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Victor Nuovo: Condorcet: A Tale of Two Revolutions

Editor’s note: This is the tenth in a series of essays about political liberalism and conservatism and the two-party system.
Condorcet, a leading philosopher in the French Revolution, believed that he was living in a revolutionary age — the “rights of man,” of life, liberty, equality and property had so caught fire in the minds of people that they could no longer ignore or endure the oppressive wrongs of their governments.
He viewed the American and French revolutions in this light and saw a causal connection between them. He celebrated the heroic victory of the American colonies against the great imperial power of Great Britain, and he was certain that it would embolden other peoples to do the same.
In France, the conditions were ripe for revolution. It was, he thought, a country that was at once the most enlightened and the most enslaved, whose philosophers “had reached the highest level of intellectual achievement,” but whose government “was sunk in the deepest and most intolerable ignorance.”
The American Revolution had let loose the irresistible force of revolution; it was inevitable that it would move next to France. He was not mistaken.
In fairness to the government of France, Louis XVI was not a tyrant, nor was he or his ministers ignorant of the needs of reform and of strategies to achieve it. The king was aware of the increasing social unrest, and he was persuaded that he must act to relieve it. It was his right and duty.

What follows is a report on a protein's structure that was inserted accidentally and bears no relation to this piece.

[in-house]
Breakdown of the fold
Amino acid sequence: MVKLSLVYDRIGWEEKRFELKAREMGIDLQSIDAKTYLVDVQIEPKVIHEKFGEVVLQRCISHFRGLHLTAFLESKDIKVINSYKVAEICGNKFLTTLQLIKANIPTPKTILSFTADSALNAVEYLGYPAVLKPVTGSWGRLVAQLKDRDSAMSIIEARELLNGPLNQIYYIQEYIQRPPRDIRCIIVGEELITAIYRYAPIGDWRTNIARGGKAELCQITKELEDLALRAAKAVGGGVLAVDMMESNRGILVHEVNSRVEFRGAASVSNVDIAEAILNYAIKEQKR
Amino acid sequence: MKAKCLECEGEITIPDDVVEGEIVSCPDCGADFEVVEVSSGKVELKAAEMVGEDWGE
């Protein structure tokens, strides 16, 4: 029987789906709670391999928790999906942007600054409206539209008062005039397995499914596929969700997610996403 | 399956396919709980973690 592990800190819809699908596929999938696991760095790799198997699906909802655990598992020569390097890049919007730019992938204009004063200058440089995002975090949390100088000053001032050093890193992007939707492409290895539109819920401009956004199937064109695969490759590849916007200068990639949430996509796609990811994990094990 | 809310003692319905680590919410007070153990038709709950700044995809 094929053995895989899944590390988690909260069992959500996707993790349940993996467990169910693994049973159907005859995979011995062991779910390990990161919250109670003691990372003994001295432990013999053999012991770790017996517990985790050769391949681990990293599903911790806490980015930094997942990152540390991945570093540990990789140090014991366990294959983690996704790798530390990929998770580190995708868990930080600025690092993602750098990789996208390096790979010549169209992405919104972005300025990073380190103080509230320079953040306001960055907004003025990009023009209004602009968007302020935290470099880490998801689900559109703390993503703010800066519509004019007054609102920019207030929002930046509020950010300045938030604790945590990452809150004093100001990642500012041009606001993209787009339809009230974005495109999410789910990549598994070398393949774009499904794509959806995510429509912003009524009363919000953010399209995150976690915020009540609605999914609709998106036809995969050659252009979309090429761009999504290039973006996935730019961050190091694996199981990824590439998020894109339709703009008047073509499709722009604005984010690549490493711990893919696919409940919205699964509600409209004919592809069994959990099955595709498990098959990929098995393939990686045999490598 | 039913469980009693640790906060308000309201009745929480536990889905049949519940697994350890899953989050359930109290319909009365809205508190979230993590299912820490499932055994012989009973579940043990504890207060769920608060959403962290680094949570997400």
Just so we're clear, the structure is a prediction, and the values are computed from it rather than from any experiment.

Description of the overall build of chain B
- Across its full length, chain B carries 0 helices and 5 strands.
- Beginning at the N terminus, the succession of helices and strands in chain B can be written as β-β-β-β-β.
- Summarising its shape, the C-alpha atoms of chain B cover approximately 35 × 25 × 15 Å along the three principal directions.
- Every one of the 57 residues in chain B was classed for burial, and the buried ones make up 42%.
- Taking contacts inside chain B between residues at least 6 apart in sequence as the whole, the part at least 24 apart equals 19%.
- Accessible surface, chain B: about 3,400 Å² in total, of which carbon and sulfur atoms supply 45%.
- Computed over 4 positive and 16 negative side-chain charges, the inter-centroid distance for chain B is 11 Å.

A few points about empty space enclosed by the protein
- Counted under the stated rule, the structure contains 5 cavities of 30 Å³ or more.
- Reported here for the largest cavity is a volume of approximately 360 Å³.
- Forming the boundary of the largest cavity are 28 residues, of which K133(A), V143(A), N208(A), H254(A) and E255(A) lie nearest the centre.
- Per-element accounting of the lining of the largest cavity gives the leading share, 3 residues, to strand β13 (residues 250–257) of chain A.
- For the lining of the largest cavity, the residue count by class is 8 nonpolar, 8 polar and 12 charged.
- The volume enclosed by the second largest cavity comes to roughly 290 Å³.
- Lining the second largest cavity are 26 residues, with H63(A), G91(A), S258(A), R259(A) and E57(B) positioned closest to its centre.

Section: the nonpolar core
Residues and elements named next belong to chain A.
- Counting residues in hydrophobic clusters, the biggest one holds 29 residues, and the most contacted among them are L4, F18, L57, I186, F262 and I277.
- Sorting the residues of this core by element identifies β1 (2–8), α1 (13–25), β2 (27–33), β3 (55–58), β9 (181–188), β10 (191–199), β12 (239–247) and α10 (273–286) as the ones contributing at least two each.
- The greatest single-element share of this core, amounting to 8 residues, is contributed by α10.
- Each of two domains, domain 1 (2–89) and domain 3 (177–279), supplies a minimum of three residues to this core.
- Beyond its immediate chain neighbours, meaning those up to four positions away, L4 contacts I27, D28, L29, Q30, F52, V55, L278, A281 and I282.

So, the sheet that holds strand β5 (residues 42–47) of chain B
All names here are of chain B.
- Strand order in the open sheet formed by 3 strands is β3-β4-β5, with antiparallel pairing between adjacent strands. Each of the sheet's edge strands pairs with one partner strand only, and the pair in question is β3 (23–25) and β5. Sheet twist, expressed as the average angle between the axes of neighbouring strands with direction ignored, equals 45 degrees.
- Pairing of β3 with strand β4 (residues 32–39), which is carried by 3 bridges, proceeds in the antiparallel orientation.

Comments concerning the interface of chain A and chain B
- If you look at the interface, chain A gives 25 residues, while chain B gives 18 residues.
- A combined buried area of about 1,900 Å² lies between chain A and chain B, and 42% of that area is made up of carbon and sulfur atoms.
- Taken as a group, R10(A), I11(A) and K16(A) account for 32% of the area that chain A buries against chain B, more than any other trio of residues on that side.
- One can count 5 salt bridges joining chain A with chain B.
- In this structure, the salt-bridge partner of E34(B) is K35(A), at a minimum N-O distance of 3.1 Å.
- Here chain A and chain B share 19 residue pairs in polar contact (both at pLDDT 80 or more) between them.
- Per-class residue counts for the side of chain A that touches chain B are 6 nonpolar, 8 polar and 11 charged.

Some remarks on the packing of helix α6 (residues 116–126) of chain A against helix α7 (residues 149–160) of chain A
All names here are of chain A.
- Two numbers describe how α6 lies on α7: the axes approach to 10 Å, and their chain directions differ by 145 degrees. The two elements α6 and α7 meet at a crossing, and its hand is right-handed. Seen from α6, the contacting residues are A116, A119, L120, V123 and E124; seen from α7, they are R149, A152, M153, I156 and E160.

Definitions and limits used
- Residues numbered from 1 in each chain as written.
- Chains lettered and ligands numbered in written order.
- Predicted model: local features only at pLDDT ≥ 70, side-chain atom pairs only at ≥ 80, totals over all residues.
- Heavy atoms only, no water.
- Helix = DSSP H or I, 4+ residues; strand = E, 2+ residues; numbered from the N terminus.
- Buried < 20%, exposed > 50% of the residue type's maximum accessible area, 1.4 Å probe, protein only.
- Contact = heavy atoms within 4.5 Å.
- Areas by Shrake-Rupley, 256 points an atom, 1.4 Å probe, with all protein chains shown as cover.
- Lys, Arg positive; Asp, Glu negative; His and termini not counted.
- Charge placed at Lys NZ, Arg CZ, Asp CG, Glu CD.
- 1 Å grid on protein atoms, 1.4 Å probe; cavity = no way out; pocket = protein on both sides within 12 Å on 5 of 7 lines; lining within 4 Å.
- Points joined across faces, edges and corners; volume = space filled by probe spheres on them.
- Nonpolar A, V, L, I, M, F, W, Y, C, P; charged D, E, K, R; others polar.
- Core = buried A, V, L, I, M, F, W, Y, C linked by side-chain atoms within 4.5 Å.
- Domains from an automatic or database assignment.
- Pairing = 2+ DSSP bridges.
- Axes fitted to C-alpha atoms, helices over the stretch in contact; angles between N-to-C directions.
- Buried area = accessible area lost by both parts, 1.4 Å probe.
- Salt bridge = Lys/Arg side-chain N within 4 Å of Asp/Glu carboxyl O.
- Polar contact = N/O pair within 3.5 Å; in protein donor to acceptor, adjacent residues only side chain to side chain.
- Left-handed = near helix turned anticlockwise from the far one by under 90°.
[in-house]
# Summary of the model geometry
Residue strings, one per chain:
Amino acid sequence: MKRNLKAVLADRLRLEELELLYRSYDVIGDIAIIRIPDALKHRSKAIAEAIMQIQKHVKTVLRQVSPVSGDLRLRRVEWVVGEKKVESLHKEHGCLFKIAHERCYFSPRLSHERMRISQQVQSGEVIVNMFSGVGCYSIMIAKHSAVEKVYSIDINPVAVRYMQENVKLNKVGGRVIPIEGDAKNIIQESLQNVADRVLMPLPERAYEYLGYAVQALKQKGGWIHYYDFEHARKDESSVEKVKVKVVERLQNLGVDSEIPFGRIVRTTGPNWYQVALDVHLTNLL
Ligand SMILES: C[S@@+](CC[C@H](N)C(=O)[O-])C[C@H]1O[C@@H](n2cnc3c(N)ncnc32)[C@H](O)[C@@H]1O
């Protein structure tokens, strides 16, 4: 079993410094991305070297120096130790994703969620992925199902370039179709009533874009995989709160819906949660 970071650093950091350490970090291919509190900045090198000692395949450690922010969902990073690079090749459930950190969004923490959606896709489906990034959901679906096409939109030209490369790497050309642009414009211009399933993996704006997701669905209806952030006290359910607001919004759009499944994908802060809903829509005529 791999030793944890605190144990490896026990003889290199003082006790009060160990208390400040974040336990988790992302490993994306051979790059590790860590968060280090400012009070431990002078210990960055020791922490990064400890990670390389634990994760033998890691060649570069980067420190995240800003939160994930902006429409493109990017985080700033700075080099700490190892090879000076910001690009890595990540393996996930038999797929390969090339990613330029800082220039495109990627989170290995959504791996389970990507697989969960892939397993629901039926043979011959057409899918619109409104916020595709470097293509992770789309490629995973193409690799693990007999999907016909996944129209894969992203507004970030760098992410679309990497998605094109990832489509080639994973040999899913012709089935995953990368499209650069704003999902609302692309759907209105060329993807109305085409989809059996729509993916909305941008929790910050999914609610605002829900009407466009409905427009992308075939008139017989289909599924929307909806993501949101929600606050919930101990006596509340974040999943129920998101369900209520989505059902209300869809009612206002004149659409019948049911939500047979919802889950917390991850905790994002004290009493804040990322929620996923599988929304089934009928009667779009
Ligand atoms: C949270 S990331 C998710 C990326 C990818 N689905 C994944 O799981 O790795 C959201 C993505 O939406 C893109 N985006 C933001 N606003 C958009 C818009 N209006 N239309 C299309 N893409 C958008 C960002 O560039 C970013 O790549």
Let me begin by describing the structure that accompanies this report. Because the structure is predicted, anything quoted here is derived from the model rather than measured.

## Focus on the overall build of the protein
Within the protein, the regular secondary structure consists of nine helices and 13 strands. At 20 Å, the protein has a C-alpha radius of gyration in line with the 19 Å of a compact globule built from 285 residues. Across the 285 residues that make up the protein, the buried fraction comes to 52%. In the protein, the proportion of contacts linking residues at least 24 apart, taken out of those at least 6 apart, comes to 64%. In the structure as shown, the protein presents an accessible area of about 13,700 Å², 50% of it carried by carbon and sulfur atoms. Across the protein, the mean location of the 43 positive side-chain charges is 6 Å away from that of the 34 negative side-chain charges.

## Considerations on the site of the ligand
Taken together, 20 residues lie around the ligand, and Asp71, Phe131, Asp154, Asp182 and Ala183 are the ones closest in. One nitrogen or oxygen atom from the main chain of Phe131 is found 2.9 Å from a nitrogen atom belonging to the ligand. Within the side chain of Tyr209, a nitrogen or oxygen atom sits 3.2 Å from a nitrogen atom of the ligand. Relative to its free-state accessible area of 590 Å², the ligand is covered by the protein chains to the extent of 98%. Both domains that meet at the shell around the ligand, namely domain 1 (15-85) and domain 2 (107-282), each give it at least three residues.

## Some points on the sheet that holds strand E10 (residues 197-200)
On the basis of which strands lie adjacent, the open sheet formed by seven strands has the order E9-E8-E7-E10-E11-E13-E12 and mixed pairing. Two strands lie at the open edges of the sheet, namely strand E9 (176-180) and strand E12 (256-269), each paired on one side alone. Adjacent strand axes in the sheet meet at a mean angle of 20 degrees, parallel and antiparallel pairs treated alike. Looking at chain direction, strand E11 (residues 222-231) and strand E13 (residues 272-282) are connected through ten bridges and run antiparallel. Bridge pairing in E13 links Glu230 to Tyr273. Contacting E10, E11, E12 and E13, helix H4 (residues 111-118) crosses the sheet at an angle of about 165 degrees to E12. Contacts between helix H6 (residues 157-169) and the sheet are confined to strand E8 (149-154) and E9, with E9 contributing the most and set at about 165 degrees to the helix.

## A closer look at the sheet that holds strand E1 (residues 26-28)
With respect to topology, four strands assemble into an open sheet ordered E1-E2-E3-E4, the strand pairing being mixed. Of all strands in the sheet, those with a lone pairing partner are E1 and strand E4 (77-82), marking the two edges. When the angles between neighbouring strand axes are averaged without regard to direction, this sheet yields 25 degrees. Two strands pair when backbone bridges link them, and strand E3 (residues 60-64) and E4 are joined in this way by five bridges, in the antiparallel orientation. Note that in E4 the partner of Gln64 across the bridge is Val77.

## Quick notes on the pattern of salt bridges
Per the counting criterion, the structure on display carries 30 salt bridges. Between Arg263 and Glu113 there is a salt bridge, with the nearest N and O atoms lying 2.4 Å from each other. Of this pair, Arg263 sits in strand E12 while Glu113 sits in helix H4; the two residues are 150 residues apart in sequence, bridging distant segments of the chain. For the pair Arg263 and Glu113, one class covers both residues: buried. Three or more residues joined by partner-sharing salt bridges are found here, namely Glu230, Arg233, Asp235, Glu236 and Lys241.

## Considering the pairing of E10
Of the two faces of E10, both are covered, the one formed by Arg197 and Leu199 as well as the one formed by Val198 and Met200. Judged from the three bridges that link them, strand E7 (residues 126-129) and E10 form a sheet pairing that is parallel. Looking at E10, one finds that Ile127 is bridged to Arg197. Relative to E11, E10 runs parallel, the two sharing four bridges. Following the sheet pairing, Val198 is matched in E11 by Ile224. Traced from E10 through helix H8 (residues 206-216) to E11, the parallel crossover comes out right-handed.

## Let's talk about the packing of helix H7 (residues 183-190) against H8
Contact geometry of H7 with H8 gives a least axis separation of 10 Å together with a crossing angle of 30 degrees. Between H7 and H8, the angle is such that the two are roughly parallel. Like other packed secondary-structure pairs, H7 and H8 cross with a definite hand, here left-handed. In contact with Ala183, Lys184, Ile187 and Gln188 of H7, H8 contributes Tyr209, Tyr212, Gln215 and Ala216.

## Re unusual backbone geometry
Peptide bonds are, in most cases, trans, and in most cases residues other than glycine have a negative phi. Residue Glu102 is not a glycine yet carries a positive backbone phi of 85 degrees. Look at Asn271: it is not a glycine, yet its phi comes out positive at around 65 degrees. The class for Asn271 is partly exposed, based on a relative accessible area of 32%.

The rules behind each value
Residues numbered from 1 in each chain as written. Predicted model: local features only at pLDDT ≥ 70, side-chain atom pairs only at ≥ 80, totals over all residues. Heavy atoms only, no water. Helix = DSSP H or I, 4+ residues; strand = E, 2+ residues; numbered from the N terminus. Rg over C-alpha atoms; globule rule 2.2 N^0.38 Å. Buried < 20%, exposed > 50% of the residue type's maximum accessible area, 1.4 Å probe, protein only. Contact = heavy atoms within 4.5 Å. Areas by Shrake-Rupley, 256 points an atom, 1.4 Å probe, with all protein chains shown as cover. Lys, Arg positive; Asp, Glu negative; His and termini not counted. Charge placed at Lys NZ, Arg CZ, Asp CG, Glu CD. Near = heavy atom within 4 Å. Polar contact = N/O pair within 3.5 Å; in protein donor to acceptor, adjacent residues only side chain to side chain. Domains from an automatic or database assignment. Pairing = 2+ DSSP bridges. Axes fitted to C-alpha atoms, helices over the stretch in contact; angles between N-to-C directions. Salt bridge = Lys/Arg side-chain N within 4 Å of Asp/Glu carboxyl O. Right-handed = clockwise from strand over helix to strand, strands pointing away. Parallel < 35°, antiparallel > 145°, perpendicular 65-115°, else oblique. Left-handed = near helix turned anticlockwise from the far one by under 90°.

Therefore, he convened a national assembly, the Estates General. An estate is a social class. This assembly was made up of delegates from three classes: the nobility, the clergy and the middle class — the poor and the peasantry were excluded; their time had not yet come.
The assembly’s task was to propose a new constitution for the nation. There was an expectation among the moderate members of the assembly that this would lead to the formation of a constitutional monarchy and a mixed constitution, like the one established in Great Britain after the Glorious Revolution of 1688. The king was agreeable to this, but neither he, nor his supporters in the assembly, nor his ministers were able to achieve it.
The assembly remade itself into a constitutional convention and revised its membership; the number of delegates of the third estate (the middle class) was doubled, so that it equaled the combined membership of the clergy and nobility, and a decision was made to vote not by estate but by individual delegate; moreover, the lower clergy, parish priests, sided with the third estate. Thus the means were in place for a more popular and hopefully peaceful revolution.
But the situation became unstable, society had become unsettled, and the king was unsure how to respond to it. He vacillated between conciliation and intimidation and failed at both, and, when all seemed lost, he attempted to flee the country, was captured and returned under arrest to Paris. He was deposed, tried, convicted, sentenced to death, and, on January 21, 1792, he was guillotined.
There followed a series of coups and counter-coups, assorted power plays, popular uprisings, mob violence, and an official reign of terror, whose victims included Condorcet, and not long after him, his accuser, Robespierre. This unhappy sequence of events ended in November 1799 in a coup.